Does Edge still not allow ad blockers?
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Is ad blocker software something recent in a browser? It is great for me the user but it has to blow the ad revenue model of web sites all to heck, no? Was thinking ads that are hosted directly by the web site would still play. But how does the ad agency then know their ad has been rendered?
Garner most likely died from chest compression, not from being grabbed around the neck. Yet the one cop the public sees on the video is the one put in legal jeopardy because of the outcry. Which is fundamentally unfair to the individual officer.
Body cams have a problem in that the police can use much less discretion when they stop someone. If your teenage son does something stupid you want a chance to make restitution and amends outside of the legal system.
oh. so never mind. For some reason I saw "save target as" and was thinking it would save the link or something and not the actual file.
One reason I got off on this tangent was because I was using the iTunes player in windows and could not save the podcast file to an MP3 file. So I was thinking it is all a big conspiracy.
from IE I cannot save an MP3 to a USB drive. Clicking the MP3 link in the IE browser opens media player. Which plays the MP3 but has no facility for saving the file being played to disk. So I open the same web page in Chrome, click the MP3 link and the chrome player plays the MP3. And that player has a "save page as" option which saves the MP3 to the file system.
( I do not mind being shown I am wrong on this. I did ask on the Microsoft community forums and was told media player cannot save to disk. )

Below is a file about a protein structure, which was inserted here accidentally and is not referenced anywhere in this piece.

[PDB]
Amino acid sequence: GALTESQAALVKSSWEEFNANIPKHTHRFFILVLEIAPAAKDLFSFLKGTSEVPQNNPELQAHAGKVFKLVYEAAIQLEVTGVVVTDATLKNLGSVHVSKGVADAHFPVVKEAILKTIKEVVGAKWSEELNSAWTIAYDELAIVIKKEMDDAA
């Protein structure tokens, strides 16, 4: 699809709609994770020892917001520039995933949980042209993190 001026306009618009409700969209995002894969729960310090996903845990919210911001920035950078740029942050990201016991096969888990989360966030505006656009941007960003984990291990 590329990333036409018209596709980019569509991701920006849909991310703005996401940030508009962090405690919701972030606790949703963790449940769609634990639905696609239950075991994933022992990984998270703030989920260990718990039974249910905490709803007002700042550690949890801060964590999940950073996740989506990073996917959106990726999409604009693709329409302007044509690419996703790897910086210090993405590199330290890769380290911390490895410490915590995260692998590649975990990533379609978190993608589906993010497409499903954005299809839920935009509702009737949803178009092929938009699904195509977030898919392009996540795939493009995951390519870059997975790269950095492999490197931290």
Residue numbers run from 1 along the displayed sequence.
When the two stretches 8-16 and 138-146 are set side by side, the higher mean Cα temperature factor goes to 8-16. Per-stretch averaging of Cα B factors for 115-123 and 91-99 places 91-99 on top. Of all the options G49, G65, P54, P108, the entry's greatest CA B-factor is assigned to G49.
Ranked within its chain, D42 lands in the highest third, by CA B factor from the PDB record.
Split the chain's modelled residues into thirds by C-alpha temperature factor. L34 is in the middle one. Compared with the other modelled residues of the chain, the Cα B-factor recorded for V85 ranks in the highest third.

Why would media player be locked down like this? Are there ways to code extensions to media player? Would be useful to add a file menu or have a history facility that stores everything you have played, add bookmarks to locations in the files,
Anyone else read Mark Russinovich's book? By suspending all disbelief it was halfway fun to read. But I can't say I understood after reading it how a computer virus could cause such havoc. And it was pretty disappointing how little the author explained the actual workings of the viruses.
Why so difficult to identify what part of the OS a virus has infected? Sure, the virus can mask itself so that standard tools on the PC cannot see it. But what about tools which examine data stored on the PC without relying on any OS or BIOS routine? Or attach the hard drive of a PC to another PC and examine it there.
Is it possible to know the OS installed and all of its patches? That is compare the OS code of an infected PC against what that code would be if only MSFT patches had been installed on the system. All the differences would be viruses installed on the system. From there you can compute some signatures or checksums that would tell you if other systems are infected in the same way?
Yes, a virus will be mostly encrypted. But there still has to be hacked parts of the OS code that could be detected by a byte level comparison against an uninfected system, no?
In the book I thought it odd that the hero was stumped by viruses on the PC he was called in to work on. And he actually saves the day by being shot at and eventually fighting one of the villains. Better to be matching wits with the virus writer with a culminating scene that has a lot of jargon laden dialogue between the two.